From Major to Mixolydian, one of the most daunting aspects when learning any musical instrument is the subject of scales.
When I first started playing guitar, learning scales seemed to me a labyrinth of information to navigate, and honestly they were.
Using the Major scale as an example, I’ll try my best to explain this vast topic, and how the guitar utilizes scales in a unique way compared to linear instruments.
Note: The topic of scales is much too large for one article, so I have a ‘Lead Guitar And Scales’ category on this site. Here, I’ll give in depth lessons on this subject.
Guitar scales from the beginning
Our eyes see colour as vibration at a certain frequency, in this same way; our ears hear sound. These two things belong to the same spectrum; it’s just sound vibrates a lot slower and so our ears are the vessels interpreting this information.
If you look at a rainbow, you’ll see no definitive line where the colours blend from one into another. If you look, red doesn’t just turn to orange all off a sudden; one colour blends slowly into the next. Sound works the same way; an A doesn’t just turn into A#; it slowly blends.
How does this relate to scales? Let’s make a long story short. Western music has divided the sound spectrum into 12 tones and labelled each one (figs.1a and b show this on the A string of a guitar). This is the ‘chromatic scale’ and the first scale we should learn. Music is a language, and the chromatic scale is the alphabet.
In figs.1a and b You’ll notice one diagram using # (sharp) and the other b (flat); these notes are the same tone (enharmonic) and can be labelled either way.
There’re rules dictating which note to use and when, but for now just remember a # raises a note by a semi-tone and a flat lowers a note by a semi-tone. If you’re spelling up the scale use #’s and if spelling down the scale use b’s.
The next step
Note: When moving between two notes directly beside each other, we use the term ‘semi-tone’ to describe the interval. When moving between two notes two frets apart, we use the term ‘tone’ to describe the interval.
Also, we call each note in a scale a ‘degree’, and each degree is assigned a number. In my article ‘An Introduction To Guitar Chords’ I give an example of how chords are created using degrees.
I won’t go into the science of the harmonic series, so I want you to take for granted the next scale we come across is the ‘major scale’ (also called Ionian when referring to modes). This scale has a happy sound, and we use the name major because we create the majority of our music using this system.
Unlike the chromatic scale, which uses every note of the musical alphabet directly side by side, other scales are a combination of tones and semi-tones. Taking this information, we construct the major scale with the following formula:
T-T-ST-T-T-T-ST (Fig. 2 shows this on the ‘A string’ of a guitar)
This is a ‘diatonic scale’, meaning a scale consisting of seven notes. Other scales exist with more or fewer notes and sometimes using intervals larger than a tone. If you find yourself confused, remember we’re just organizing groups of notes from the chromatic alphabet to create a scale.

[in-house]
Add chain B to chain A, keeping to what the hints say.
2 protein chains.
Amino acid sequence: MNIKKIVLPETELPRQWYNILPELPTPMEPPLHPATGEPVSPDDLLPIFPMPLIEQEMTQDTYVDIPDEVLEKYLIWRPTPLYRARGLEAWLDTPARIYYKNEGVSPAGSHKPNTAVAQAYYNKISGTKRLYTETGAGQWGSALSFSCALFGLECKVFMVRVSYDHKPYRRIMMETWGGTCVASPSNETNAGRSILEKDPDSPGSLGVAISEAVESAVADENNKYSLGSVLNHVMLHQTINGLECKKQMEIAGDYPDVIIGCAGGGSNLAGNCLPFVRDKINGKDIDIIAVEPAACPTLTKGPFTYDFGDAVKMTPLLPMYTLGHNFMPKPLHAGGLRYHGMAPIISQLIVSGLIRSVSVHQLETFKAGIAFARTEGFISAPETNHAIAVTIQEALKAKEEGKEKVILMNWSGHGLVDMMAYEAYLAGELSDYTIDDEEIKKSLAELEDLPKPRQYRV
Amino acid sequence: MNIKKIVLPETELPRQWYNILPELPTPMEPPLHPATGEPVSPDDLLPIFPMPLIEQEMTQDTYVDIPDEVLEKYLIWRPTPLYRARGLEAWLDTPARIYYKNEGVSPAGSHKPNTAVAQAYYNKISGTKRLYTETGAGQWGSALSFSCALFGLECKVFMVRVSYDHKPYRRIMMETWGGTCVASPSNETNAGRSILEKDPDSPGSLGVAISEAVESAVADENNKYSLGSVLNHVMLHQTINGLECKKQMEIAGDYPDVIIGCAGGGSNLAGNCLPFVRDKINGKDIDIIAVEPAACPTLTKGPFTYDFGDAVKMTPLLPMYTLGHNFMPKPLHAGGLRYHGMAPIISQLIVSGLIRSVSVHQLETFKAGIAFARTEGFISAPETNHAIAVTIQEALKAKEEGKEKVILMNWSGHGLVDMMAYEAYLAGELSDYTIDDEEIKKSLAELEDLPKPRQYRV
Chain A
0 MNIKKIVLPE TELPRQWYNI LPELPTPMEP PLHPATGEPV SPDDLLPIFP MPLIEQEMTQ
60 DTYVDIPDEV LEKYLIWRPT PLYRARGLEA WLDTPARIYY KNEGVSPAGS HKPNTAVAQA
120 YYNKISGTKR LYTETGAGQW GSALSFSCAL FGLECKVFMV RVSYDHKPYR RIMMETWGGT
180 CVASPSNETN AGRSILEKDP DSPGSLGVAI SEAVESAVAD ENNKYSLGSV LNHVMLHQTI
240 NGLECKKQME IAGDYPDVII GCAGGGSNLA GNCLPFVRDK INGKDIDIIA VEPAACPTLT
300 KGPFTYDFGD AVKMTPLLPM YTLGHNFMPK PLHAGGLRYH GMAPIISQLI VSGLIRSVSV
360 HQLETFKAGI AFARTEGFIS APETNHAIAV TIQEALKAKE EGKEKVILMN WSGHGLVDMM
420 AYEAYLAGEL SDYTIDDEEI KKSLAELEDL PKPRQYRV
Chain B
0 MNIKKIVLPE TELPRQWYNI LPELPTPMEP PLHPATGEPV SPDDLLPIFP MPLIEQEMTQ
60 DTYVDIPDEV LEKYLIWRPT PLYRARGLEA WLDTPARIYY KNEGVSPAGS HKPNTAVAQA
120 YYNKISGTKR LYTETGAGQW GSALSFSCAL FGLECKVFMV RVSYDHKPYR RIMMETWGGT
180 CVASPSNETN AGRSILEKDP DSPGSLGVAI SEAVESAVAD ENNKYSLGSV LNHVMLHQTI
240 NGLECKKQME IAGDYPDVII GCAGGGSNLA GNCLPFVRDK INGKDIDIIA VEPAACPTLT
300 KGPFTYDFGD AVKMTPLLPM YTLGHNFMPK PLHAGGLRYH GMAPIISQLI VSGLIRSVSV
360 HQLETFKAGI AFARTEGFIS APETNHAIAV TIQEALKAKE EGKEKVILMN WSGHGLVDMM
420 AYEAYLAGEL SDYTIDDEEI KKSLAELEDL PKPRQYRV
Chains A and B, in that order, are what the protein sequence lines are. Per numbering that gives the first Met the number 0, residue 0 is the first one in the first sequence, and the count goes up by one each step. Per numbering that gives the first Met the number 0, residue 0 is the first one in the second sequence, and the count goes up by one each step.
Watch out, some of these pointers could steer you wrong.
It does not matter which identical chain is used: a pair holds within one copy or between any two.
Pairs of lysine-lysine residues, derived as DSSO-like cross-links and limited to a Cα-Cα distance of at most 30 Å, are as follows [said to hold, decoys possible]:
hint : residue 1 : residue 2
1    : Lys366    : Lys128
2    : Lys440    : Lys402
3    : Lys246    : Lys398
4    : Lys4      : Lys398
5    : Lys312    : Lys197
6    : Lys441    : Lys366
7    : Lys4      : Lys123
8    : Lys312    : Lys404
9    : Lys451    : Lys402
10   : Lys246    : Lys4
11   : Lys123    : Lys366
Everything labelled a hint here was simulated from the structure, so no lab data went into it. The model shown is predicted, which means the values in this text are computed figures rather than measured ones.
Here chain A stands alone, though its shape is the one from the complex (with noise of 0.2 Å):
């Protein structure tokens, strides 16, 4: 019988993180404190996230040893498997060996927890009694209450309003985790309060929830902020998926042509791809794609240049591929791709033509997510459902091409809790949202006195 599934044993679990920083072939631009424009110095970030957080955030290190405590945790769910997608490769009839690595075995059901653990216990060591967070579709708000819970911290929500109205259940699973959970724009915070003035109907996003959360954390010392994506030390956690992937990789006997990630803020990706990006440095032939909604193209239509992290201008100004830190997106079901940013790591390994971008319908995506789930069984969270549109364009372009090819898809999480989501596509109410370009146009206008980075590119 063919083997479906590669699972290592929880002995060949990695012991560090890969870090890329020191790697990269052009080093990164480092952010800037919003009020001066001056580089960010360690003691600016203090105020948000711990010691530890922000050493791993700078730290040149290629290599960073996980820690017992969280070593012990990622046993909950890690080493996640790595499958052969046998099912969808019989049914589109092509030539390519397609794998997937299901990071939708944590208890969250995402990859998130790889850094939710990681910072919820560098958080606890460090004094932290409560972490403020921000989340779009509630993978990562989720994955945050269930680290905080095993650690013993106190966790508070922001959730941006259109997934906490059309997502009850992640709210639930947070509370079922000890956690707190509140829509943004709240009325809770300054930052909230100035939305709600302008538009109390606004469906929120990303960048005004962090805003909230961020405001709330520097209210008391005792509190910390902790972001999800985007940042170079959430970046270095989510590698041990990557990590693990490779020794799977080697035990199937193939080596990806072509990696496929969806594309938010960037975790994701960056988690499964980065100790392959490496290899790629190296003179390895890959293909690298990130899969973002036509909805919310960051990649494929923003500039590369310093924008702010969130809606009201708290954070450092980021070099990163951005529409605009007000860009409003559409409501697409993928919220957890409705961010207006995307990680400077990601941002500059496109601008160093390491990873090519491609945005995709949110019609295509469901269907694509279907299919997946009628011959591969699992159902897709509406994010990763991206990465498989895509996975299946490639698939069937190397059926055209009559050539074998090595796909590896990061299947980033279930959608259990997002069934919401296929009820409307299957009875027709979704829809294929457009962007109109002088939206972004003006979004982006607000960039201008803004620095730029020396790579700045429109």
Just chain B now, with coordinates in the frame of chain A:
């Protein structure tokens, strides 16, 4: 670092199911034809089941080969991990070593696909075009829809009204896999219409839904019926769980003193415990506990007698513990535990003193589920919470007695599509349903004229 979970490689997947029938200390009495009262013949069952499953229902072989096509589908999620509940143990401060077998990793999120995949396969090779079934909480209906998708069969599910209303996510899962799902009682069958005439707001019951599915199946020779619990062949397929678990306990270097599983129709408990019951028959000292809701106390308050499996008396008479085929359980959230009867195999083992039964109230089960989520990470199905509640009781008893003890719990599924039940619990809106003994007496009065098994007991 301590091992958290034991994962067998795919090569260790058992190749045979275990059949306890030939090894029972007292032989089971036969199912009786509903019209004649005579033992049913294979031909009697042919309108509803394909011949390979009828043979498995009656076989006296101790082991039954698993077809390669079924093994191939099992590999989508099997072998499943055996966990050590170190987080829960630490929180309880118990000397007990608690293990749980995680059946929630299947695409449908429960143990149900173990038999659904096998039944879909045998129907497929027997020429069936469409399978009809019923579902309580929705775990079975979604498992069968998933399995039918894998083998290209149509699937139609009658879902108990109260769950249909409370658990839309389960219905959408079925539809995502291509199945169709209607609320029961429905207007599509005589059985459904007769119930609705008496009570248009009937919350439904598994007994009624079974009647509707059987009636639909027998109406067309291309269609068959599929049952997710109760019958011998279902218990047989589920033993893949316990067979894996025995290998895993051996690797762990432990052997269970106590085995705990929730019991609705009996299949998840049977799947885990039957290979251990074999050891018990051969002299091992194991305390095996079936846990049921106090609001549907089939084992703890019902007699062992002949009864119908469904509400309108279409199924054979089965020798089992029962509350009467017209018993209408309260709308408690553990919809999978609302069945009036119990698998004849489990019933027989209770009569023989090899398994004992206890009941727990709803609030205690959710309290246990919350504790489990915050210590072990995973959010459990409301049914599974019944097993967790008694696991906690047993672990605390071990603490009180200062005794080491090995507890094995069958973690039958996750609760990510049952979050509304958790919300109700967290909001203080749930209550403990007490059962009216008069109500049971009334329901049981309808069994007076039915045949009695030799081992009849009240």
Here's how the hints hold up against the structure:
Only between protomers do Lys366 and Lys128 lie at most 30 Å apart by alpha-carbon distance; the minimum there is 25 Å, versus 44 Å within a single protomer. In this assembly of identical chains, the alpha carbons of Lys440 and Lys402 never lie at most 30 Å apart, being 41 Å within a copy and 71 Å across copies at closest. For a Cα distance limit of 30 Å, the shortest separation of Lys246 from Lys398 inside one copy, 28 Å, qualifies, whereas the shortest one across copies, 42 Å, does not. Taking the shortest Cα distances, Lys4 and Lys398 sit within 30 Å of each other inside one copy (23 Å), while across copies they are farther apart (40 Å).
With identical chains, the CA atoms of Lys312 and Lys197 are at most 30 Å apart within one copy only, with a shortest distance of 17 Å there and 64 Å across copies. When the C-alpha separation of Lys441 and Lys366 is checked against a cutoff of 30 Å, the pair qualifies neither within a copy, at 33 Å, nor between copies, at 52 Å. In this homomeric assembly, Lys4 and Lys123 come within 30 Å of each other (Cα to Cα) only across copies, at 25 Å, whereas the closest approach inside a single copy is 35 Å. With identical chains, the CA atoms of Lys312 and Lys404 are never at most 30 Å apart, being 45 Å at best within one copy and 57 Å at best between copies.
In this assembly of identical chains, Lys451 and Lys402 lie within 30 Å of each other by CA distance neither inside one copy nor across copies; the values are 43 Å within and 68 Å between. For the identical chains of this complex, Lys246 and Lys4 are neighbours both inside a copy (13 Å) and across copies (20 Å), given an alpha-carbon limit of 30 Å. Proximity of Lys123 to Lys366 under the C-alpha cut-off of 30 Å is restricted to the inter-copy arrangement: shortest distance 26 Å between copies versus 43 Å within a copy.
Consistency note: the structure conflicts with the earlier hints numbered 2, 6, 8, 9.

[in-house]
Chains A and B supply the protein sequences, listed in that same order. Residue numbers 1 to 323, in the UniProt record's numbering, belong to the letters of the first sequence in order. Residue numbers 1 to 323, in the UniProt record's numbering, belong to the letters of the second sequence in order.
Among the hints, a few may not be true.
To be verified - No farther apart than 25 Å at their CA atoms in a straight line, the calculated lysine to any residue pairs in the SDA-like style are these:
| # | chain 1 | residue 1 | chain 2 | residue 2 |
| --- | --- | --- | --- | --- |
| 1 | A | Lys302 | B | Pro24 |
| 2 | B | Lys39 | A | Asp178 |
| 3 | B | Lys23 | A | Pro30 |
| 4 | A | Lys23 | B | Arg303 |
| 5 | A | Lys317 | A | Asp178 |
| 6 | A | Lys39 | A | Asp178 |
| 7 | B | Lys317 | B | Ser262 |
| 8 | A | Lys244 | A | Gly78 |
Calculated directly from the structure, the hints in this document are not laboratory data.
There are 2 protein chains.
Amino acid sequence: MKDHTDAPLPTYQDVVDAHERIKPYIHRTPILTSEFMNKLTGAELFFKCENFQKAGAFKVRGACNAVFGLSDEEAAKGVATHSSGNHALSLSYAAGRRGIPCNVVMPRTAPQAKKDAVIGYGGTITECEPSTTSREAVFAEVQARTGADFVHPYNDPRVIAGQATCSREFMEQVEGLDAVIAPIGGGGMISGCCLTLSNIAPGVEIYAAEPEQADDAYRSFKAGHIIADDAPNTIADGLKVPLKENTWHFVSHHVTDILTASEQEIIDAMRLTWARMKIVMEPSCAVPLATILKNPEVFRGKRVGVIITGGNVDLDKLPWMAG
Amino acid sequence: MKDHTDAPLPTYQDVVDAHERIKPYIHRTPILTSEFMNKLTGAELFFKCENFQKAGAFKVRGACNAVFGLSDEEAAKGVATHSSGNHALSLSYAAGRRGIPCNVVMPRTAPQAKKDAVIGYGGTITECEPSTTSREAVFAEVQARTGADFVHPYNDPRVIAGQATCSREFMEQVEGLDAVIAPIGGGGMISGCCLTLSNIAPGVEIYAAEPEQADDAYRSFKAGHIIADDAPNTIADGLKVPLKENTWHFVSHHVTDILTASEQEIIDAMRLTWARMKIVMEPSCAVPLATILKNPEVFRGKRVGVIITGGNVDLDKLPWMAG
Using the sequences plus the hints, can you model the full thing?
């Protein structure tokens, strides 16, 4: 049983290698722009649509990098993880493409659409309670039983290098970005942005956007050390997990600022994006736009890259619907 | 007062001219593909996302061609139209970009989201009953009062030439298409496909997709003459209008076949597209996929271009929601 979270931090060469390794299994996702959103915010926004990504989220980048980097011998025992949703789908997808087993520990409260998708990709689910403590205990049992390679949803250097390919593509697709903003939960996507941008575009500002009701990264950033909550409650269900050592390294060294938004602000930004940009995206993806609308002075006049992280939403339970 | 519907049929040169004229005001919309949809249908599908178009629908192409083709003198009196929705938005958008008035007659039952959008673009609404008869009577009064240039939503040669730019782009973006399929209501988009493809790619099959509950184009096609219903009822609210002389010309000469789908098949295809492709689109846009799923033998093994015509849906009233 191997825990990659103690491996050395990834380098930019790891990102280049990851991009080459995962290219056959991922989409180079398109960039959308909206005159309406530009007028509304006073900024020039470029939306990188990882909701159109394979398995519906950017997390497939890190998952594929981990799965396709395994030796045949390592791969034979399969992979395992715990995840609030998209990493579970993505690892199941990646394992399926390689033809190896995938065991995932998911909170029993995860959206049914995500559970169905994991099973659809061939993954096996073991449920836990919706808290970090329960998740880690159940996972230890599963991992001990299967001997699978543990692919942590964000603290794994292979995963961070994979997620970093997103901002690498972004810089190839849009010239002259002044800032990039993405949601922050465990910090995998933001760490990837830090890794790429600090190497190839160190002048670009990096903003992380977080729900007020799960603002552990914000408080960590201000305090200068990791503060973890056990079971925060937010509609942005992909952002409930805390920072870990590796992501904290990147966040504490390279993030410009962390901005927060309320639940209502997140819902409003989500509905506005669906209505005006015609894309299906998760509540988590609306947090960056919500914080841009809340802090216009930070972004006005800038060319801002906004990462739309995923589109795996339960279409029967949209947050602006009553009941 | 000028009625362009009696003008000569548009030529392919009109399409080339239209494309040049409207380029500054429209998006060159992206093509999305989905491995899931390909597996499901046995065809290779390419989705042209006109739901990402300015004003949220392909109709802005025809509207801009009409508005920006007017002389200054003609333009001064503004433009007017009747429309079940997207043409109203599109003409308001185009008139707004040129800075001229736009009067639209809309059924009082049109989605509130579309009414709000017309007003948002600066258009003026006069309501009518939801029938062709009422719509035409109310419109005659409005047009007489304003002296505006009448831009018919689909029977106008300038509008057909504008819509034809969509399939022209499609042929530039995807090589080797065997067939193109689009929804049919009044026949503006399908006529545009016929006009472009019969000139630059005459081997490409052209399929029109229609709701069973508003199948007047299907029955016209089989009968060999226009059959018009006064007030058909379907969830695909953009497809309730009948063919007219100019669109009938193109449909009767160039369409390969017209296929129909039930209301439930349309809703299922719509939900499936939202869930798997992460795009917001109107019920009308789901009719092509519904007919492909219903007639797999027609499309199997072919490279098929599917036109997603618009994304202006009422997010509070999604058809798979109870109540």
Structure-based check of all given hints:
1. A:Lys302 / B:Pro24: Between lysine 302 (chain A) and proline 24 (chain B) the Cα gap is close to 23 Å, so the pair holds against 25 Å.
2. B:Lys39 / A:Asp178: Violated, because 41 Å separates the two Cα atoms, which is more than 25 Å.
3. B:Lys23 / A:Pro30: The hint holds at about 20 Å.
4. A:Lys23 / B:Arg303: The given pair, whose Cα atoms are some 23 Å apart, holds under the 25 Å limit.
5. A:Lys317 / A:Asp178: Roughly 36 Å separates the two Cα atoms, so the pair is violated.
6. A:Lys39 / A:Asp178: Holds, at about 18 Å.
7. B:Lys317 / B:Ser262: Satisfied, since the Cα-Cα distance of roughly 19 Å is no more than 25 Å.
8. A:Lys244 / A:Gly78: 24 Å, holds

Applying guitar scales on the fretboard
I hope you understand the concept of how to construct a scale because it’s time now to apply them to guitar.
Unlike a piano, which lays the chromatic scale out in a linear fashion, and there’s only one way to play any note, the guitar is multidimensional, and we can play the same note in multiple places on the fretboard. Taking this into consideration, there are numerous ways to play scales, and I’ll explain what I think the four most common are.
Single String: If you understood the concept of ‘Fig. 2’ you should find visualizing scales on a single string easy. You literally play them up and down one string.
Positional Box Form: These are probably the most common patterns for people to first start learning (Fig. 3). They consist of five different finger patterns and relate to a chord from the CAGED system (more on this in another lesson).
I like to play like this when using the ‘pentatonic’ (Fig. 4) or ‘blues’ scales (Fig. 5), but I don’t think they’re that great for playing diatonically. For this, I prefer ‘3 and 4 note per string’ patterns.
3 Note Per String: Using these patterns the diatonic scales fall under your fingers. We have seven different finger patterns created by playing diatonically with 3 notes on each string (Fig. 6).
4 Note Per String: Just like the 3 note per string, 4 note patterns consist of seven different patterns constructed in the same way, only now we play the diatonic scale with 4 notes per string (Fig. 5).
I love the layout of these and the 3 note per string patterns for navigating around the fretboard.
Take note, these 4NPS patterns share two of the same notes between each octave; in this case the P4.
Understanding how we create guitar scales, and visualizing them between all four of the ways above will open up a world of possibility when learning the fretboard.
Although there’s way too much to cover in a single article, I hope you have some grasp of what I’m trying to explain. It takes a long time to learn this stuff, but as I said earlier, I’ll be going over this subject in much more detail as I add more lessons to this site.
Don’t give up